Scott Jones, CEO of search engine ChaCha, has built a high-tech wonderland of a mansion in central Indiana to rival any abode in Silicon Valley. The 27,000 sq. ft. English country manor, selected by HGTV as the No. 1 home in America, melds old-world charm with a hardcore nerd's wet dreams. Amenities include the obligatory, and thoroughly geeky, automated lighting, air conditioning, and media systems controlled by touchscreen and a workstation sporting eight large LCDs (one of twenty-six computers in the home). Jones's playthings, however, don't stop with the typical high technology.
The house also sports a 2,700-gallon salt water aquarium, a home theater that trumps commercial movie venues, a Web-enabled wine cellar that keeps itself stocked, automated dog-food dispensers, a mahogany slide that took a year and a half to build, an indoor treehouse, a secret passage triggered by a Harry Potter book, and a waterfall shower in the master suite that gushes 300 gallons per minute. Apple board member and noted environmentalist Al Gore would not approve.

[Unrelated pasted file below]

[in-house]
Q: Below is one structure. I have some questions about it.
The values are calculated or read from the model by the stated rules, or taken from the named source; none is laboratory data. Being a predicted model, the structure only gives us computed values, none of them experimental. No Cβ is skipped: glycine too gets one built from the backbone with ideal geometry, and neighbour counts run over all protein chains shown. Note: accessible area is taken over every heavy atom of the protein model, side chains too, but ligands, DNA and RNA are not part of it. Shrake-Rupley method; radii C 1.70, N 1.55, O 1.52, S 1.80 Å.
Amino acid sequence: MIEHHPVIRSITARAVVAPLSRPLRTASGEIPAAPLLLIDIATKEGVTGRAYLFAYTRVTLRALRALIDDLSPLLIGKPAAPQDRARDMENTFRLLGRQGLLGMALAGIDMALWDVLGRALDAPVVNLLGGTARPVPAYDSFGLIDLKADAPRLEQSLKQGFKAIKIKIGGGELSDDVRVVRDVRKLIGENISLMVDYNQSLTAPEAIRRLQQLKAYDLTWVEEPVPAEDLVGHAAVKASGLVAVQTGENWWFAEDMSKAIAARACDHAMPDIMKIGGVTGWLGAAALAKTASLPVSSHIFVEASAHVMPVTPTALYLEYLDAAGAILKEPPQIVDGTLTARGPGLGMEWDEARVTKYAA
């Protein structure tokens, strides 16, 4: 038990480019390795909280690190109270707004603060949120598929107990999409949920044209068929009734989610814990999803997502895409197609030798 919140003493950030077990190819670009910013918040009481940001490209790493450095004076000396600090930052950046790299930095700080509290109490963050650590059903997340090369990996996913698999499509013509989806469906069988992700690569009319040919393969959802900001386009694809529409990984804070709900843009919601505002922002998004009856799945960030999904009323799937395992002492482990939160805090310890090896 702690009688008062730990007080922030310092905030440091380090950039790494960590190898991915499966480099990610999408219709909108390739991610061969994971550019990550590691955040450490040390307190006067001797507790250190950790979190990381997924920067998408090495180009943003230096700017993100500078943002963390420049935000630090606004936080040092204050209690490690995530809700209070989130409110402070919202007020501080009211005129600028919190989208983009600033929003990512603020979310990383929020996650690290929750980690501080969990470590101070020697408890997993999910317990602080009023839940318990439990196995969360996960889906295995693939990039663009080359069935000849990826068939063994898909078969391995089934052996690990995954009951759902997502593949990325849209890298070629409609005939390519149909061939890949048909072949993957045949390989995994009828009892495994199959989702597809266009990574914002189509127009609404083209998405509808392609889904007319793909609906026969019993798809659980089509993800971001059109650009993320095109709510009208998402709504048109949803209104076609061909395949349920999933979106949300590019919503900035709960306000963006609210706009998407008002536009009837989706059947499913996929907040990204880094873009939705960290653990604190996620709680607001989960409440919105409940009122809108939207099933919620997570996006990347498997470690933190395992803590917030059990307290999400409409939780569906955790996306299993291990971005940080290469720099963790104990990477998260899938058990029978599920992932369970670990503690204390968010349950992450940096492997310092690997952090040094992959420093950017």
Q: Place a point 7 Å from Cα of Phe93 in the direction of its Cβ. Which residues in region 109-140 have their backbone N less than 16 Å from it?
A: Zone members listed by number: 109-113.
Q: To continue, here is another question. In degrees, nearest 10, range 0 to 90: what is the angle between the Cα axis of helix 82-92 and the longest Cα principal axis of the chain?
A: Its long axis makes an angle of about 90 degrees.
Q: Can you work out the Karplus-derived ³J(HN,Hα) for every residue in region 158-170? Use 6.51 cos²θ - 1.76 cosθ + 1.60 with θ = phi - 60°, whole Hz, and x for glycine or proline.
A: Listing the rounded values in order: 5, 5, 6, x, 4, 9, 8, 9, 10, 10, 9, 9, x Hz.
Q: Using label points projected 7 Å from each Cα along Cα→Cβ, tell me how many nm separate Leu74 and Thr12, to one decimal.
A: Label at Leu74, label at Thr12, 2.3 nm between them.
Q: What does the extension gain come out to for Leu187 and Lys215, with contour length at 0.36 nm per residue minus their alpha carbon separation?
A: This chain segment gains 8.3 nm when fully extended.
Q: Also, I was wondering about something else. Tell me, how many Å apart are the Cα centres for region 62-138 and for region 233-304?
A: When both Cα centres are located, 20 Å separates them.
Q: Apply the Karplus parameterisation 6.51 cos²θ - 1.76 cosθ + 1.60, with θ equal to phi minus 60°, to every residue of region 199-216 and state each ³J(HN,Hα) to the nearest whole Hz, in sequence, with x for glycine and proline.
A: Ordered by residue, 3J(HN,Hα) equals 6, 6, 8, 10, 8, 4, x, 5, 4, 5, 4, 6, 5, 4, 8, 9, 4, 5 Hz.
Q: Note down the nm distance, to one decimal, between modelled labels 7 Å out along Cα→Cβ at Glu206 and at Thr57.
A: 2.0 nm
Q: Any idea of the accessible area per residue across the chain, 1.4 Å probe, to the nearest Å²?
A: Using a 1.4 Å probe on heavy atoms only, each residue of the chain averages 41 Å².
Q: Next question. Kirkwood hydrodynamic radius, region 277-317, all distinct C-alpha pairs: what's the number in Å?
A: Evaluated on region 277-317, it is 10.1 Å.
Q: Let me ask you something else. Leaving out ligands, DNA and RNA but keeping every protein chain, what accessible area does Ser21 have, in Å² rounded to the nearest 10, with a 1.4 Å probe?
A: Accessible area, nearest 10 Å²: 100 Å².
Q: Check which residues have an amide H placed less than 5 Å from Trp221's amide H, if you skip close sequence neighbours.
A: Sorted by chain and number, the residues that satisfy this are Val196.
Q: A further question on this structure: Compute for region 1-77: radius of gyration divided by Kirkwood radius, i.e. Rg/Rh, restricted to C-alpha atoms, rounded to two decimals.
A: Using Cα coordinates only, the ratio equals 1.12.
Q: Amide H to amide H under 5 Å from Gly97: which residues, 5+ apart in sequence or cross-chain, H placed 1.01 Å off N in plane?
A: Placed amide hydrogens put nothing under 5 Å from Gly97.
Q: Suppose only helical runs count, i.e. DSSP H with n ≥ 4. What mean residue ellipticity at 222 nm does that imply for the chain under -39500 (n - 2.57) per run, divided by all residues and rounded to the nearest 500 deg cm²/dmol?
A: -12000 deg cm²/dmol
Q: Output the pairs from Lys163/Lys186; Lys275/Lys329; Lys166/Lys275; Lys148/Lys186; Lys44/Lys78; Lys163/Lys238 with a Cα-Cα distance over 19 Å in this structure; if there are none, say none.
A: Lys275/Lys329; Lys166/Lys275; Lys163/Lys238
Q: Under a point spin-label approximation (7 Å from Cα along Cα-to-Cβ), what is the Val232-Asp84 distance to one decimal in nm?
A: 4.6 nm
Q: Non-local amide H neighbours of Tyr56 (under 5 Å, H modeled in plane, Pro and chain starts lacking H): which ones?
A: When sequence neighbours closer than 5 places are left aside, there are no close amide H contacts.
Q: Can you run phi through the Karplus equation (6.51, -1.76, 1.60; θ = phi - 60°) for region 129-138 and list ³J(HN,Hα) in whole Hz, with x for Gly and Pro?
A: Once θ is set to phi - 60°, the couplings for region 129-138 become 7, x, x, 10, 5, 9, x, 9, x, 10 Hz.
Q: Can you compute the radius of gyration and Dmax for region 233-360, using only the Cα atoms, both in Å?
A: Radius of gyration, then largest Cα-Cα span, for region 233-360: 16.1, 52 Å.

Steve Wozniak's 7,100 sq. ft. Los Gatos home, by contrast, is a quaint bungalow at best. Sure, it features "a children's discovery complex, an arcade, a cave (designed to look real by experts from the California Academy of Sciences ) and a pet hotel." But those hardly compare.
Scott Jones, with this house, has launched himself firmly into Michael Jackson Neverland territory. How does the CEO of an also-ran search engine afford such a spread? I'm sorry, did I fail to mention that Jones's first company, Boston Technology, invented voicemail, and that he runs six other companies in addition to ChaCha, including Gracenote, the music directory used by many services, including Apple's iTunes?
All of which raises the question: Why, with all his wealth, does Jones need Indiana University president Michael McRobbie, a former ChaCha board member, to oversee a deal in which IU librarians and IT staff are forced to volunteer their time on ChaCha?